Glad to see the no-pay RAP gone, replaced by a new Notice of Admission (NOA)? Looking forward to filing the NOA only once between start of care and discharge instead of every 30 days?
Not so fast.
Your agency may not be through with the no-pay RAP just yet, even though the Centers for Medicare and Medicaid Services (CMS) has retired the RAP (Request for Anticipated Payment) in 2022.
“Remember that the RAP retirement date is based on dates of service,” cautions SimiTree Principal Jess Stover, who oversees SimiTree’s outsourced billing, collections, and revenue cycle management services.
Your agency could be incurring daily penalties for failing to comply with the requirement to file a RAP for every 30-day payment period that began on or before Dec. 31, 2021. If the period of care began in 2021 – even in the waning hours of New Year’s Eve as the clock ticked toward midnight – a no-pay RAP will be required to get paid.
“This means penalties could continue to affect payment from late RAPs,” Stover said. “Agencies need to pay careful attention to this during the transition.”
Crossover periods of care spanning both 2021 and 2022 will also require a NOA, and here’s where it gets a little complicated. CMS wants agencies to fudge a little, on the admission date, just this once, for the first 30-day period of care in 2022.
New artificial admission date
Medicare has introduced a new term, the “artificial admission date,” for periods of care spanning both 2021 and 2022.
“CMS wants agencies to use the new, one-time artificial admission date for these crossover periods of care,” Stover said. “The first day of the first 30-day period of care in 2022 will be the artificial admission date. It will correspond to the ‘From’ date of the first 30-day payment period in 2022.”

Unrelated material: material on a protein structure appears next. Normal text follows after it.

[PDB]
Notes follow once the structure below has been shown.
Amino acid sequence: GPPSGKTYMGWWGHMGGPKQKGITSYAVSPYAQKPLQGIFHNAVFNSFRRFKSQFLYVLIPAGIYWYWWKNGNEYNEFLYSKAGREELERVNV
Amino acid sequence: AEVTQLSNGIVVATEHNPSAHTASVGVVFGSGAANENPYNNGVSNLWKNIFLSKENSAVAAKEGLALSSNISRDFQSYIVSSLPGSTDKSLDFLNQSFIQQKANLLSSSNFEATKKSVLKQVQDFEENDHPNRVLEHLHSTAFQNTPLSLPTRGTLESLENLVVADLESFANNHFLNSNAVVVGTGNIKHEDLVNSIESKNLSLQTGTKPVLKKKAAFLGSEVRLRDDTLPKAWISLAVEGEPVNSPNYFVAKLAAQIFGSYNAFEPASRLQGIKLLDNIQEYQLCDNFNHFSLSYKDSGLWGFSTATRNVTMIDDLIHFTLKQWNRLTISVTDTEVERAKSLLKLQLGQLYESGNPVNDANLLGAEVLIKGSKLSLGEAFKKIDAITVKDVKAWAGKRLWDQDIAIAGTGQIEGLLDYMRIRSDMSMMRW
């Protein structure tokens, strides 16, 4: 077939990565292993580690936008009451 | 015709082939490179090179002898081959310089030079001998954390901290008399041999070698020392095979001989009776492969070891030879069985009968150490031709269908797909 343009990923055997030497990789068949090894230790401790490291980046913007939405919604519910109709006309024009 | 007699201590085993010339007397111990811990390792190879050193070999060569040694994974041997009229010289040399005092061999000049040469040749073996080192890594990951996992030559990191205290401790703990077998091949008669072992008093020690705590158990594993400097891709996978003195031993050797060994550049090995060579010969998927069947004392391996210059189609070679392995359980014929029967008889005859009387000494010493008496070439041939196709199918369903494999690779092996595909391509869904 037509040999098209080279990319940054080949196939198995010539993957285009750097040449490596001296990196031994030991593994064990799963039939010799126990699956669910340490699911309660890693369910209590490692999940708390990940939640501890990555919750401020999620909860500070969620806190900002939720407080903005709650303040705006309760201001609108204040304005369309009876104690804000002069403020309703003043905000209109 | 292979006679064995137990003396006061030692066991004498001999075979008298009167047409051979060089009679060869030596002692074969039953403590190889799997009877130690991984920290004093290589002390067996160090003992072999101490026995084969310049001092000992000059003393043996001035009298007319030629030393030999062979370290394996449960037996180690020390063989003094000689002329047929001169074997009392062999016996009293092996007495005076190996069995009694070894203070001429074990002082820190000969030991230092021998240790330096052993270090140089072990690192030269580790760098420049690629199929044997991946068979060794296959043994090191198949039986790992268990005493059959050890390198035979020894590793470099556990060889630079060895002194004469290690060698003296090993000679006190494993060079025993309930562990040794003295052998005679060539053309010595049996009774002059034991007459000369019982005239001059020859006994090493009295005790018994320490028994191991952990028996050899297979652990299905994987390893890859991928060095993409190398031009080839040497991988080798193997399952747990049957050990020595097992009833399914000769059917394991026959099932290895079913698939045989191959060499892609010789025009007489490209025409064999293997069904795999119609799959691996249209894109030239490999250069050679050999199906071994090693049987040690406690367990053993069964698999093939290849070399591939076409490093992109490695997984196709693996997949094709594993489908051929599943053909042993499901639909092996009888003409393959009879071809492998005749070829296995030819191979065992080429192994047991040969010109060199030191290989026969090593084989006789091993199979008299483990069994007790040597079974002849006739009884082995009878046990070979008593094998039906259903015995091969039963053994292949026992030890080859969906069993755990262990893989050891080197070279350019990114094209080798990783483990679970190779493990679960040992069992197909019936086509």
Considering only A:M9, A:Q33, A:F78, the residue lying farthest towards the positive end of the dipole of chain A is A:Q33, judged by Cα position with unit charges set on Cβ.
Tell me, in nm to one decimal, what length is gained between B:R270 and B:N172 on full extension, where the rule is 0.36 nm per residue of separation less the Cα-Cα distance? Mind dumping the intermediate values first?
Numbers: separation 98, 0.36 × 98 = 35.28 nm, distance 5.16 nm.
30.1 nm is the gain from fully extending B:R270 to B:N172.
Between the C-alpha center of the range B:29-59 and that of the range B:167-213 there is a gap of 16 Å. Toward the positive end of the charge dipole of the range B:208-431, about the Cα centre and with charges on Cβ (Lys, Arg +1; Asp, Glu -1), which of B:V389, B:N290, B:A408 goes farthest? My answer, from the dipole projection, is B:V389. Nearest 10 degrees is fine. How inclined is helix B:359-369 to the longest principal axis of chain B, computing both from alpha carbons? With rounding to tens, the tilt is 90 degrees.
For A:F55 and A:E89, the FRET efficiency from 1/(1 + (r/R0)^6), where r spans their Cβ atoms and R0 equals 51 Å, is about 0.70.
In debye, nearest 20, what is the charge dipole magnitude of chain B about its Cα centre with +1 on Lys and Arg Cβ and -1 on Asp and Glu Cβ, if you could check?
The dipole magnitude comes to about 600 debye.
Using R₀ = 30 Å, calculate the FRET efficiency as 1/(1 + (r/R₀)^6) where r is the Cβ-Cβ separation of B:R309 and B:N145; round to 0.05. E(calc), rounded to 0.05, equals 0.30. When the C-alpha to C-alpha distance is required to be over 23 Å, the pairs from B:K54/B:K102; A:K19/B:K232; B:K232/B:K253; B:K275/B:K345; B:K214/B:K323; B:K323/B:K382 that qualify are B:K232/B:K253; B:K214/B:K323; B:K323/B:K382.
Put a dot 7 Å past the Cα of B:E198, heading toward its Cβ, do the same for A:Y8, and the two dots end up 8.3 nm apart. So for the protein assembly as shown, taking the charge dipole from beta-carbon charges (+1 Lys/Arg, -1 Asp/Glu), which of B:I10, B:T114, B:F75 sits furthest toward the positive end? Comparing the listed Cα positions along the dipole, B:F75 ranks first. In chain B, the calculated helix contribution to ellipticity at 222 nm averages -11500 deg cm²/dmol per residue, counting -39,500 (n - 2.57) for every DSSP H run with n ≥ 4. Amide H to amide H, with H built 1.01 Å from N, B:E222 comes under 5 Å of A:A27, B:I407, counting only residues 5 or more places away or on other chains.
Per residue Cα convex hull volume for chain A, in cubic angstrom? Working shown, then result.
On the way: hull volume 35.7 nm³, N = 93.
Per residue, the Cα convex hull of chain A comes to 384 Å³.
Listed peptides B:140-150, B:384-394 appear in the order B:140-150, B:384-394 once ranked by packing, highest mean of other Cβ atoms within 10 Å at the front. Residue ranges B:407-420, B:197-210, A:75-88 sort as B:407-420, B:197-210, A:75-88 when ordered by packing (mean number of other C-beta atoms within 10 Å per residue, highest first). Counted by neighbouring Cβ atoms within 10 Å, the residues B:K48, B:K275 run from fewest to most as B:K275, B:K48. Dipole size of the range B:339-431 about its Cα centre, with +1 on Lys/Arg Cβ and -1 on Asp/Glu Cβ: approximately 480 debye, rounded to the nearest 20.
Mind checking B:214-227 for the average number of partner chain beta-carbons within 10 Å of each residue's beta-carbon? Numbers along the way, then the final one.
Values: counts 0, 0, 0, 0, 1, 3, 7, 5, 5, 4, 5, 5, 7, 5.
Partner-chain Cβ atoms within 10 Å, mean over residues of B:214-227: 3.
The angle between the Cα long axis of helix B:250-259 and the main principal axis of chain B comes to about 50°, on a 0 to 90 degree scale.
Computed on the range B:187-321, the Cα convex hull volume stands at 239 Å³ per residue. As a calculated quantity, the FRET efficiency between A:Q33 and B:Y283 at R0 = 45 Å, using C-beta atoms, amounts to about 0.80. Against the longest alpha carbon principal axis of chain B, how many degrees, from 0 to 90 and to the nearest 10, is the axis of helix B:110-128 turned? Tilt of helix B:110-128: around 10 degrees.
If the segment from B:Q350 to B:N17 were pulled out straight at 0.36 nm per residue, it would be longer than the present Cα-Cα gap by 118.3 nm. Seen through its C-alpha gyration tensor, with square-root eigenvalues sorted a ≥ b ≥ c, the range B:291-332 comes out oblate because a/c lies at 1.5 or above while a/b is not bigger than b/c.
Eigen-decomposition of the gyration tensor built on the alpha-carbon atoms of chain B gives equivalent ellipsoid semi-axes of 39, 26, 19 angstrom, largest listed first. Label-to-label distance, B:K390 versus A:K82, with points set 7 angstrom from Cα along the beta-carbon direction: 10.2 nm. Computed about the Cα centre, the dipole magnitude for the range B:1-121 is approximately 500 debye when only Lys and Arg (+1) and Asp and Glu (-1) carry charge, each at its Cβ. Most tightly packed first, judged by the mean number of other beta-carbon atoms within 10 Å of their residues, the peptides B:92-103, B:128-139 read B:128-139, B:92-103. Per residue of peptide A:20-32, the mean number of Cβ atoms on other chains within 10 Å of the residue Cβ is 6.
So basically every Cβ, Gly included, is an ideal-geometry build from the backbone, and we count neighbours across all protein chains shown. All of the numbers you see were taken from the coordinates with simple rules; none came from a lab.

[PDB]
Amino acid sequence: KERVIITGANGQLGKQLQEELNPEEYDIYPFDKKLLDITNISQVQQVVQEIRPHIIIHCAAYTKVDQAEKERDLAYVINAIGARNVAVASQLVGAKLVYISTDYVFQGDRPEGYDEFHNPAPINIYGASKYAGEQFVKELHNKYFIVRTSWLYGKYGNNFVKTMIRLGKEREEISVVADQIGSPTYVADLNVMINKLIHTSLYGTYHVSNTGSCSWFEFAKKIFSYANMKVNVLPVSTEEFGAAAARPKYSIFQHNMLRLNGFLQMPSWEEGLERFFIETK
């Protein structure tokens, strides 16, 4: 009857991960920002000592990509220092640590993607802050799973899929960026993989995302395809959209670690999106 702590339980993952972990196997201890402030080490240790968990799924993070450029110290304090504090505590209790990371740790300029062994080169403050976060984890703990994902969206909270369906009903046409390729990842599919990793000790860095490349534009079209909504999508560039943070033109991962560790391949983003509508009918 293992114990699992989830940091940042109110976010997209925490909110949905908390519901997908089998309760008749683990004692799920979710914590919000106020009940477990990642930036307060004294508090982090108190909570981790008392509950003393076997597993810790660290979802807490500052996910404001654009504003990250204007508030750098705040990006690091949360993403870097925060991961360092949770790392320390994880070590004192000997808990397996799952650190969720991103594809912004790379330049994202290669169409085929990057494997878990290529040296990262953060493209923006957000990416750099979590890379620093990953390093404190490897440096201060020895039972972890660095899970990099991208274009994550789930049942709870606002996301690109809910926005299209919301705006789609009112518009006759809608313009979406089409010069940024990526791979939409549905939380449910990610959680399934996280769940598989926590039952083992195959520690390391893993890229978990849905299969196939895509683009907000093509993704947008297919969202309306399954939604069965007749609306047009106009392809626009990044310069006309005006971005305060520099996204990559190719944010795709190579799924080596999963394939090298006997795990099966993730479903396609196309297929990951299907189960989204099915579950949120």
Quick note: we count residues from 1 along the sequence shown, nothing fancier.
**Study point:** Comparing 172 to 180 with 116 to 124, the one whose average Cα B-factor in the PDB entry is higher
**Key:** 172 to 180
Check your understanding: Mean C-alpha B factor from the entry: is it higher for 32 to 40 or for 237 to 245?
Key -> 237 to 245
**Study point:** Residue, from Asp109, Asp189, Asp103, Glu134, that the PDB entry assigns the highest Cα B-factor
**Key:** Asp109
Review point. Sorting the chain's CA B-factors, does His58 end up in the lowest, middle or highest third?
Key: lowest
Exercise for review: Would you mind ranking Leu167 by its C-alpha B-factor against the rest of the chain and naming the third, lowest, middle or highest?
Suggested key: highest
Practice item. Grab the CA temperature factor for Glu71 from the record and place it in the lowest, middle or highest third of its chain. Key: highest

Some EMRs may not be able to accommodate the one-time artificial admission date for the limited number of crossover periods of care, Stover said, so agencies will have to manually key in the information for crossover periods of care.
“These types of regulatory transitions tend to be glitchy,” Stover said. “This one is a great example of how it can be challenging for agencies. Manually keying in the artificial admission date requires extra work for agencies, and the process for manually keying it in is slightly different from electronic submission, so it can quickly get confusing.”
Stover recommends agencies refer to a step-by-step guide put together in a collaborative effort between Medicare administrative contractors CGS and Palmetto GBA. The guide may be downloaded here.
More NOA compliance tips
Stover offered a few additional compliance tips for the transition to NOA:
- Make certain to cancel any RAPs already filed for periods of care beginning in 2022. Because agencies were allowed to file no-pay RAPs for subsequent periods of care in advance, many agencies developed a routine of filing RAPs for subsequent periods at start of care. Only periods beginning in 2021 will need a RAP.
- Have in place a follow-up procedure to make certain the MAC has accepted the NOA after submission, so that appropriate action can be taken quickly when needed to meet the five-day timeframe.
- Remember that the requirements for filing the NOA are the same as for the no-pay RAP. Agencies have five days from start of care to submit the NOA. Start of care counts as Day 0. A verbal or written order from the physician will be required, and it must specify home health services required for the initial visit. Agencies must also have conducted the initial, billable visit. The OASIS does not have to be locked prior to submitting the NOA.
SimiTree can help
At SimiTree, we understand that it can be confusing and time-consuming to stay on top of constantly changing regulatory requirements – and costly when you make a mistake. We’re here to help, so that you can focus on your patients. We’ll provide all the training your staff needs for full compliance, or we’ll handle all the work for you with our full array of outsourced billing, collections, cash posting and revenue cycle management services. Contact us today.